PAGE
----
Walbro Corp.'s high debt levels and slow production starts for new fuel-tank factories have stock analysts and credit-rating agencies nervous.
But the company says a corporate belt-tightening will straighten out its problems.
Walbro, based in Cass City, Mich., posted a $37 million net loss for 1997 on sales of $620 million. The firm said the loss was caused in large part by a fourth-quarter restructuring charge of $27 million.
The restructuring, launched in November, includes shedding some underperforming operations and about 400 employees — 10 percent of its work force.
Walbro has been investing in new plants and equipment to provide automakers with complete fuel systems, from the tank forward to the fuel rails. It also has extended its reach into Europe, South America and Asia. But the supplier concedes that some of the new capacity was put in place before orders came on stream.
``We got a bit ahead of the market, but we expect over the next few years we will fill that capacity,'' Chief Financial Officer Michael Shope said. ``We have a very positive outlook.''
Financing all that new capacity is a big part of Walbro's current problems, said Alexander Paris, an analyst with Barrington Research in Chicago.
``They really got themselves heavily leveraged up in getting there,'' he said in an interview with Automotive News, a Plastics News sister publication. ``They exacted a big burden on themselves.''
Start-up costs have piled up. Walbro's Ossian, Ind., fuel tank plant was built ``long before the business became available,'' Paris said.
Although the company is confident of putting the new plants to work, it also has made itself vulnerable, Paris said. ``The risk is if you get hit with an automotive downturn when you're leveraged like this,'' he said.
Walbro's major business is fuel systems, which are made up of blow molded fuel tanks, fuel pumps, fuel-level sensors and plastic fuel rails. The company also makes carburetors and ignition systems for small engines.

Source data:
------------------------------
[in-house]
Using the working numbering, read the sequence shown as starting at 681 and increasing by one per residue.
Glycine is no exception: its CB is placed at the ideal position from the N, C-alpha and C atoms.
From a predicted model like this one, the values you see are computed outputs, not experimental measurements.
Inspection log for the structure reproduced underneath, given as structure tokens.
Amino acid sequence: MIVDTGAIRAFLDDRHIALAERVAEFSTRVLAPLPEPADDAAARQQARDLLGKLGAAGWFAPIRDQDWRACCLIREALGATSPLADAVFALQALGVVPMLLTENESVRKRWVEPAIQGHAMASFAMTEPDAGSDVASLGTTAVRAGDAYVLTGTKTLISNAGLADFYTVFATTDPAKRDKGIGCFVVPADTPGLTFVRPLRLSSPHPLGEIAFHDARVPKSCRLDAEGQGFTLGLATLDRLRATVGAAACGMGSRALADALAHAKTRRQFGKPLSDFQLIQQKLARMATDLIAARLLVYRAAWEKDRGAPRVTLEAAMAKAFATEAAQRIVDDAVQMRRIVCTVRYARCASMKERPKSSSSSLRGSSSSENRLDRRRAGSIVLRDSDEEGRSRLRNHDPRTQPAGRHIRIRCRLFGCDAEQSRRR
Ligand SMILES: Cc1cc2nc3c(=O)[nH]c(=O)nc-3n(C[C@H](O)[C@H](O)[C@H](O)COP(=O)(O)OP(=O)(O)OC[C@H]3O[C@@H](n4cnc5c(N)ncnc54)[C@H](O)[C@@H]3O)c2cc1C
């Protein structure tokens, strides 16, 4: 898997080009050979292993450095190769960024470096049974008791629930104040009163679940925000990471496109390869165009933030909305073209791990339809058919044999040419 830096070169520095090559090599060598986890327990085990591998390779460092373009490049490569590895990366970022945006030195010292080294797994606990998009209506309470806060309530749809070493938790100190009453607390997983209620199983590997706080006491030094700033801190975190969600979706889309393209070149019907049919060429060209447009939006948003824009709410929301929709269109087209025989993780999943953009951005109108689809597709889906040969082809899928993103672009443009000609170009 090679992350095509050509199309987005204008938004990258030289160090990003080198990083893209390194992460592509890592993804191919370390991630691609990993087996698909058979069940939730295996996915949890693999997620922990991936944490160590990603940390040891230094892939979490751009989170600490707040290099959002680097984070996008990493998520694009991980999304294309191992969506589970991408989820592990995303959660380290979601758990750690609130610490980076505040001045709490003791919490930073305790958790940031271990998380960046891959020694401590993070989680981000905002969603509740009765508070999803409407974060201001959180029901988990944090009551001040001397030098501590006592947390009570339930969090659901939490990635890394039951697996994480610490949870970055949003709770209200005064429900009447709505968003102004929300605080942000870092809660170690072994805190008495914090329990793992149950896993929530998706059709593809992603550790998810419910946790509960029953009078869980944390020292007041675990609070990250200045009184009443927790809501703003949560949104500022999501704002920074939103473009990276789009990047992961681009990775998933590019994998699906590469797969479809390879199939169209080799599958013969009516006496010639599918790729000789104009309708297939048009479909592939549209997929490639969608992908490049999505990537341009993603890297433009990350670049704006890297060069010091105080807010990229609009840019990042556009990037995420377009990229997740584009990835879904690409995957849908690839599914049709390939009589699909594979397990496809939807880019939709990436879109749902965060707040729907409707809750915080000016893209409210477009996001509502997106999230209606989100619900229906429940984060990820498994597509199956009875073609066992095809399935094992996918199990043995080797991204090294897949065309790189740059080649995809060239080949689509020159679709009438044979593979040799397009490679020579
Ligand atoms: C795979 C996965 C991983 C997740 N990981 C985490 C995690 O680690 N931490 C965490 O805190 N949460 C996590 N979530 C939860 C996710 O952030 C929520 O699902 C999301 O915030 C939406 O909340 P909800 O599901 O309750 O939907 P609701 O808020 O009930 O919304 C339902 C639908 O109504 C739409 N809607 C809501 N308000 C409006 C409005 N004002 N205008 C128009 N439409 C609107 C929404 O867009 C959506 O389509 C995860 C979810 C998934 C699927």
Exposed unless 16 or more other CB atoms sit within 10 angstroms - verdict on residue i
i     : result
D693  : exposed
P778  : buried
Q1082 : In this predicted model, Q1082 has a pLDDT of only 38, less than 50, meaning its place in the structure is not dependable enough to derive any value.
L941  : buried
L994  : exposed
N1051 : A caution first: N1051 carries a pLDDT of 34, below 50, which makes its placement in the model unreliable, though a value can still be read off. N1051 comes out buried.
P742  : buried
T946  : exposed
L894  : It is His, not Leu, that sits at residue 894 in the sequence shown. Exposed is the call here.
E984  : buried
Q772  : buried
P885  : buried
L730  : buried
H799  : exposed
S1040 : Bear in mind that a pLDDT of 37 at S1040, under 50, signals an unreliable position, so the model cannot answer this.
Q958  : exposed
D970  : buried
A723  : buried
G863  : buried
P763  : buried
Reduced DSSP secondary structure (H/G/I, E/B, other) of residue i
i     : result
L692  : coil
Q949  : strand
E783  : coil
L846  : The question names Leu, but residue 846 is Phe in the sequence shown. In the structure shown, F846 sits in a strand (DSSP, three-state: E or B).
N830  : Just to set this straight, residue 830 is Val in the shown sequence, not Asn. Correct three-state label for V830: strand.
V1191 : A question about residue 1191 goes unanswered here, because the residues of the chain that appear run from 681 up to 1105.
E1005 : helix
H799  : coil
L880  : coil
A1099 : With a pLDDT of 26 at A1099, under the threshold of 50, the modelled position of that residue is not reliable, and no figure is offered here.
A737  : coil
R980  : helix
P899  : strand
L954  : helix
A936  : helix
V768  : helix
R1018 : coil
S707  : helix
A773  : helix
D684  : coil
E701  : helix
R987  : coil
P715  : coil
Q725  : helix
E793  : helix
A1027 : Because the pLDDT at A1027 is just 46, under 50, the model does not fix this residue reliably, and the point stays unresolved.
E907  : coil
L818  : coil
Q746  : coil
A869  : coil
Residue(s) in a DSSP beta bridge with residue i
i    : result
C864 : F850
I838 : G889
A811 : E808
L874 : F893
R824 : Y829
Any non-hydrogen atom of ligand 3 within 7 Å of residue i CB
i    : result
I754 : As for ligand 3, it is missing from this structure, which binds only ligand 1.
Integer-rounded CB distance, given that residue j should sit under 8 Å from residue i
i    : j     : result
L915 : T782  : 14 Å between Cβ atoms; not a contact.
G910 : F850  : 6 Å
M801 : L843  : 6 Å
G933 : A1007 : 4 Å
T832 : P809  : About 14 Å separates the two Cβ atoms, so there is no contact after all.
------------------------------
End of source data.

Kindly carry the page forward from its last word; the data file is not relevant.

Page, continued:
On March 6, Walbro suspended its quarterly common stock dividend of 10 cents per share. Three days later, Standard & Poor's revised its outlook on the firm from stable to negative. S&P cited a number of adverse factors about the company, including new-product launch delays, excess production capacity, heavy start-up expenses and a downturn in the two-wheeled vehicle market in China.
Walbro's financial leverage is ``high,'' with debt representing 75 percent of its book capitalization, Moody's Investor Service said late last year. In a review of the company, Moody's downgraded one Walbro debt issue. But the agency cited a stable outlook for the company based on ``strong management and growth opportunities, particularly in plastic fuel tanks.''
While Walbro added capacity, the market has become more competitive with efficient, technologically advanced suppliers chasing new business, said Richard Hilgert, an analyst with Fahnestock & Co. Inc. in Detroit.
``They're doing the right things to get the company back on track,'' he said. ``But in the coming months, the market is going to get more difficult for them with new competitors coming onto the scene.''
Walbro's chief competitors in the fuel-tank market are Solvay SA, Plastic Omnium Industries Inc., Visteon Automotive Systems and Kautex Textron, a unit of Textron Automotive Co. Textron's recent acquisition of Kautex ``makes it a more financially sound competitor,'' Shope said.
Ford Motor Co. also is investing in new blow molded fuel-tank capacity. The automaker plans to sink $139 million into its Milan, Mich., plant to make multilayer tanks. Multilayer tanks contain fumes better than single-layer plastic fuel tanks.
Chrysler Corp. and Ford are Walbro's biggest customers. The supplier has won new contracts that give it reason for optimism. Walbro recently was awarded new fuel-tank business on a variety of General Motors vehicle platforms, including Saturn, Chevrolet Monte Carlo and Impala, small pickups and full-sized sport utility vehicles.
Walbro said it also will supply fuel tanks for the new Mercedes-Benz C class and a complete fuel-tank system for the Dodge Durango sport utility vehicle. And the supplier also has won business for the first time with Honda Motor Co. Ltd., Toyota Motor Corp. and Ssangyong Motor Co. Ltd.
Shope said Walbro's joint venture to make fuel tanks with minority suppliers in Detroit was progressing ``full speed ahead.'' GM and Chrysler have given the joint venture, known as Vitec, about $680 million in contracts. Shope said Vitec's $50 million plant in Detroit is under construction.